A man has been charged with setting on fire a historic Catholic church in Southern California last summer, prosecutors said Tuesday.
The San Gabriel Mission was undergoing renovations to mark its 250th anniversary when a fire broke out July 11, engulfing the roof and front entrance of the church.
Firefighters forced entry to tame the blaze, breaking parts of the roof and ceiling, officials said. No one was hurt in the fire.
John David Corey, 57, faces multiple charges, including two felony counts of arson of an inhabited structure and first-degree burglary, the Los Angeles County District Attorney’s Office said Tuesday in a statement.
Corey, also known as Joker, is accused of “starting the fire which spread to the to the roof and along the length of the church,” prosecutors said in the statement.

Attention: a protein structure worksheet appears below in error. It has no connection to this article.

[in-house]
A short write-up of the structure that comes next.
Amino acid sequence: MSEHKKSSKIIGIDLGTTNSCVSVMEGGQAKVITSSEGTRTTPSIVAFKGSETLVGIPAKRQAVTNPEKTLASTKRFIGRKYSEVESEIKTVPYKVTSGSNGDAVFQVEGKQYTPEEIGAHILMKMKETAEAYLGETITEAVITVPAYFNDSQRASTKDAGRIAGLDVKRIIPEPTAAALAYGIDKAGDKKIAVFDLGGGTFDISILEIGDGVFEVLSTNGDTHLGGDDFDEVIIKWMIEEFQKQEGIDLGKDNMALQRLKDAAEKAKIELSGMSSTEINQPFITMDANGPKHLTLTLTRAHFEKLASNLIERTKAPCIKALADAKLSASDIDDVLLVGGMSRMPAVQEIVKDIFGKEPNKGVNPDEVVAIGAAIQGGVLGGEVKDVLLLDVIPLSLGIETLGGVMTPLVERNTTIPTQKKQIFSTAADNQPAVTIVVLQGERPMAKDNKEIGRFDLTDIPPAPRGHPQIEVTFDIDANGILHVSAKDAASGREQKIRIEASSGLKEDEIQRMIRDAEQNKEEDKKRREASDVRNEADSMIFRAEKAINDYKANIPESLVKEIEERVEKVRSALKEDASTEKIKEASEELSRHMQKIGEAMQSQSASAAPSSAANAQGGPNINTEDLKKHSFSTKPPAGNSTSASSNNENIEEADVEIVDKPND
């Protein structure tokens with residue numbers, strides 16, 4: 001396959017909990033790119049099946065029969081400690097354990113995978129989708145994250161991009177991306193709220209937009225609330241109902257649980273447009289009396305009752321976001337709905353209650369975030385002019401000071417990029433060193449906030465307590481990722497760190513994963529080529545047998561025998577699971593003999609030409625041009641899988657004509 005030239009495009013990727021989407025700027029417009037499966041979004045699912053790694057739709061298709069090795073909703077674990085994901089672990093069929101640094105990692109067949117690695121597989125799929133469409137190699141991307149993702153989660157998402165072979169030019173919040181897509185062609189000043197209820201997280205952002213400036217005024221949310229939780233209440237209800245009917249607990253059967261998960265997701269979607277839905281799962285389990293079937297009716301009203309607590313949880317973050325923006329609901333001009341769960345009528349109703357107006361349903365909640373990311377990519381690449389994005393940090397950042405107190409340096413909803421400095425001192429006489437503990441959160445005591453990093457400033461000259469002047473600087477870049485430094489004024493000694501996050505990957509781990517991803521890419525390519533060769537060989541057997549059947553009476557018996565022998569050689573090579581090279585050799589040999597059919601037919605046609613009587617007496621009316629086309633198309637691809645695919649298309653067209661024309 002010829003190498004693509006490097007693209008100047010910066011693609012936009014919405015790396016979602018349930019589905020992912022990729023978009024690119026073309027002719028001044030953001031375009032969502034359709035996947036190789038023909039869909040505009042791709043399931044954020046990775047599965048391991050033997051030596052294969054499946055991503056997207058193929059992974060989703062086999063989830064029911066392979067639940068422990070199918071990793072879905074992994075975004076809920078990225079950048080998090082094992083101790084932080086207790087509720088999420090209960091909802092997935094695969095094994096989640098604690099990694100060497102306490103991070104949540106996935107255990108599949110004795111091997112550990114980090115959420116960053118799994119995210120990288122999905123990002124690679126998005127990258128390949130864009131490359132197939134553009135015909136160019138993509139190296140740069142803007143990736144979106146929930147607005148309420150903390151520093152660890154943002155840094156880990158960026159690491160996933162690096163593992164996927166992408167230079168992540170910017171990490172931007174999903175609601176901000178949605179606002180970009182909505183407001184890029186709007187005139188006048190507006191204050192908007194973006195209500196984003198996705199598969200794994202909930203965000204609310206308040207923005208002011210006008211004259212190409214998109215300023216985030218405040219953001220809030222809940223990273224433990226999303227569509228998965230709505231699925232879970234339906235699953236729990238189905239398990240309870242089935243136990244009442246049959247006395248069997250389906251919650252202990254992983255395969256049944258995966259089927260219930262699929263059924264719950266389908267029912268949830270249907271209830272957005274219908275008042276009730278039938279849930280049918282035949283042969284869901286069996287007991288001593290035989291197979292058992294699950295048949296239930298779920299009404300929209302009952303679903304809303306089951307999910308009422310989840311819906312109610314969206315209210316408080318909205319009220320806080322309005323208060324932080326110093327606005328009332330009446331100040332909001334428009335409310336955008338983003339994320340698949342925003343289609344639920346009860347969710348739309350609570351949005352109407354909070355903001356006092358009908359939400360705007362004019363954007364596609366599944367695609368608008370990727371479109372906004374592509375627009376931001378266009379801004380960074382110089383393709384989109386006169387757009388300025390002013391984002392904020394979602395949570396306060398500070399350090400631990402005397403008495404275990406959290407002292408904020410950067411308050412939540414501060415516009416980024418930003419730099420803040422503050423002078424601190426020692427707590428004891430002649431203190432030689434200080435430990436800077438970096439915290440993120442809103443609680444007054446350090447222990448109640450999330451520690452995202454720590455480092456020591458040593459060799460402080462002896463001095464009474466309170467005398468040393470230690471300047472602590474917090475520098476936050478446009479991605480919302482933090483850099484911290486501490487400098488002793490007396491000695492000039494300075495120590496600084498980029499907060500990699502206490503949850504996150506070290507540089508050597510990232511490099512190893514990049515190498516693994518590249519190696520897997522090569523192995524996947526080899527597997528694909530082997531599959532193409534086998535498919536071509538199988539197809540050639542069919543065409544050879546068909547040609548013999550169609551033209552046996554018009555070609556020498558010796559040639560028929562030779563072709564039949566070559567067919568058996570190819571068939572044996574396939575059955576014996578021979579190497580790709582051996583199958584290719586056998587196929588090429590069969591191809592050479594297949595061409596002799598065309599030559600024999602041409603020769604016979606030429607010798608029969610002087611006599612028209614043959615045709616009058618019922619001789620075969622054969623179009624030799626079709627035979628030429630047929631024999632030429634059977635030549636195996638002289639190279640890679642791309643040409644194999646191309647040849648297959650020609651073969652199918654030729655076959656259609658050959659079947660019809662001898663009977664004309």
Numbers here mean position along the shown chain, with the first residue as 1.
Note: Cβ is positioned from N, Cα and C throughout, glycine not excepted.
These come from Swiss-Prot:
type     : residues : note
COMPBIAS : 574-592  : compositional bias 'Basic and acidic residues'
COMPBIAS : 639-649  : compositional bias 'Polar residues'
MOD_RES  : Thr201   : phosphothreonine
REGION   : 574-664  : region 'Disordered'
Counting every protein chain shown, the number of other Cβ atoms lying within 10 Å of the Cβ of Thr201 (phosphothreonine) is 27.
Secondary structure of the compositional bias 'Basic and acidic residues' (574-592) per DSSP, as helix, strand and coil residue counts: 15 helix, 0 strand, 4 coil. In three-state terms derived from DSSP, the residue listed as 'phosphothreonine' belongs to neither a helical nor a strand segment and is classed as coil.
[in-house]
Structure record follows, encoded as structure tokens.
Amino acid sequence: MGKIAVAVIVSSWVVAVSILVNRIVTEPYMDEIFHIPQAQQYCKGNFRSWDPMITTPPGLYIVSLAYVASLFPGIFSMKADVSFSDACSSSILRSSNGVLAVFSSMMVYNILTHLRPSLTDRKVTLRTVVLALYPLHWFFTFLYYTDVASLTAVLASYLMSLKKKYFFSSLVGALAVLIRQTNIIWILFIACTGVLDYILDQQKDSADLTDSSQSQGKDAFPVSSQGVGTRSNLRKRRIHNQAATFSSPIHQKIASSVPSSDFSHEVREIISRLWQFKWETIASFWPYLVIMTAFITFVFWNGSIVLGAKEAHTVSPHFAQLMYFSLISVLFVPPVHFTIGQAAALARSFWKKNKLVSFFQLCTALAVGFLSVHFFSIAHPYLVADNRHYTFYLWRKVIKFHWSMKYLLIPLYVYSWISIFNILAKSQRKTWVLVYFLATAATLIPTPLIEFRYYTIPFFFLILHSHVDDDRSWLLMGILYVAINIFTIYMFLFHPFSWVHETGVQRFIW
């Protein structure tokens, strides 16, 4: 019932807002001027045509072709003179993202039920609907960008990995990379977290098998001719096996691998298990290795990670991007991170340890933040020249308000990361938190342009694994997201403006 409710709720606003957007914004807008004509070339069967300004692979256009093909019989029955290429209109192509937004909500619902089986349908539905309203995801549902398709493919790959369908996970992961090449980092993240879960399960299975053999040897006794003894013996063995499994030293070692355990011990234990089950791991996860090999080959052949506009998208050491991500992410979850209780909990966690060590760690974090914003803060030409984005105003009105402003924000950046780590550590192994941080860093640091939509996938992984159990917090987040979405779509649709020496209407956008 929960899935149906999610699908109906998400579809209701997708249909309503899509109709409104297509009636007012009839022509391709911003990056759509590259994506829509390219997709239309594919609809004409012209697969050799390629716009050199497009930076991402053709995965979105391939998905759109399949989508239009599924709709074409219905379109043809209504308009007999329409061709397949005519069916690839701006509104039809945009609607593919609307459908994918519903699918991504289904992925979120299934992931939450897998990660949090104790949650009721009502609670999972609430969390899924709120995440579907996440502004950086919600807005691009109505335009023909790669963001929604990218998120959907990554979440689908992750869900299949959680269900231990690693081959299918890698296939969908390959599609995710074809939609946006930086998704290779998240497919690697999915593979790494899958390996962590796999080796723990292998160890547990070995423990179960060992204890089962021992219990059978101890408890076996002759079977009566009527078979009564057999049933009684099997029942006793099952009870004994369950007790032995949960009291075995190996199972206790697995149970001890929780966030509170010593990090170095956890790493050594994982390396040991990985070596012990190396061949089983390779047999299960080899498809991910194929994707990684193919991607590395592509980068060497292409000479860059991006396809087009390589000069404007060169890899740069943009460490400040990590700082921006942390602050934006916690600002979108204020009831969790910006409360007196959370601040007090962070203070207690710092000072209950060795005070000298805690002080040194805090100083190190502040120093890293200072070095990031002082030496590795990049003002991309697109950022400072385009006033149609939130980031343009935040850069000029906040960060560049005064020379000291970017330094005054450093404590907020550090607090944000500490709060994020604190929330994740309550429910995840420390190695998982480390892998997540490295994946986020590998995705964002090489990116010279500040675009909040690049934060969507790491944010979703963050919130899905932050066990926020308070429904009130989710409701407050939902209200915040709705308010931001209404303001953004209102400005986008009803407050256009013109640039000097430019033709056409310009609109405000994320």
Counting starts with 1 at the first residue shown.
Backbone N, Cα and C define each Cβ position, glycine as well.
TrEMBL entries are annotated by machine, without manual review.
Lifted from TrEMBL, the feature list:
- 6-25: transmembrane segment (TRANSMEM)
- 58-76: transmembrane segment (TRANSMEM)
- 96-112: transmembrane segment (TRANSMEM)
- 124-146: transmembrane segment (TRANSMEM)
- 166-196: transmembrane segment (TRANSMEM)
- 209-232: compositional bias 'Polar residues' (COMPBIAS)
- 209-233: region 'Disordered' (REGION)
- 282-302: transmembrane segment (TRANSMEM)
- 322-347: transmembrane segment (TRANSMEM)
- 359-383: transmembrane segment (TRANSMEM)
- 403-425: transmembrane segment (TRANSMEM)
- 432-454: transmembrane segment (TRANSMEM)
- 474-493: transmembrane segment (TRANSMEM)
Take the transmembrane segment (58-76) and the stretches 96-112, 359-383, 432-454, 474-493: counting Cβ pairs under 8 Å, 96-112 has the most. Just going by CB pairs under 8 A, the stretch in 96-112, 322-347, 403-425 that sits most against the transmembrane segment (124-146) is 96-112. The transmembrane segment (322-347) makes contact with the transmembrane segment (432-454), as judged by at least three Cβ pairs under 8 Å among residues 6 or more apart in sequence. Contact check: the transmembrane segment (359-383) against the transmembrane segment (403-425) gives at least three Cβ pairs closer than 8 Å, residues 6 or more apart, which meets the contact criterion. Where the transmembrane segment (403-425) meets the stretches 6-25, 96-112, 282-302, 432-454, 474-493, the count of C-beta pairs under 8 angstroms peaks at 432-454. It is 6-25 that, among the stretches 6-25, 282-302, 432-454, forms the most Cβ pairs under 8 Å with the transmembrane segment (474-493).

It was not immediately clear whether Corey has an attorney. A date for Corey’s arraignment has not been set.
The massive fire left the church with heavy damage to the roof and considerable smoke and water damage to the sanctuary area, officials said.
“The loss to the mission was in the millions of dollars but the loss to the community is immeasurable,” District Attorney George Gascón said in the statement.
The San Gabriel Fire Department is still investigating the fire, prosecutors said.
The church, which is nearly 11 miles northeast of Los Angeles, was the center of a polarizing controversy surrounding statues of St. Junipero Serra, a Spanish priest who began the building of missions that line California and remain a tourist attraction.
But his statues have become symbols of violence and oppression to Native American populations. Spanish armies and Catholic missionaries imposed their religion on Indigenous people when they came to take the West.
Activists across California toppled Serra’s statues amid racial injustice protests last summer.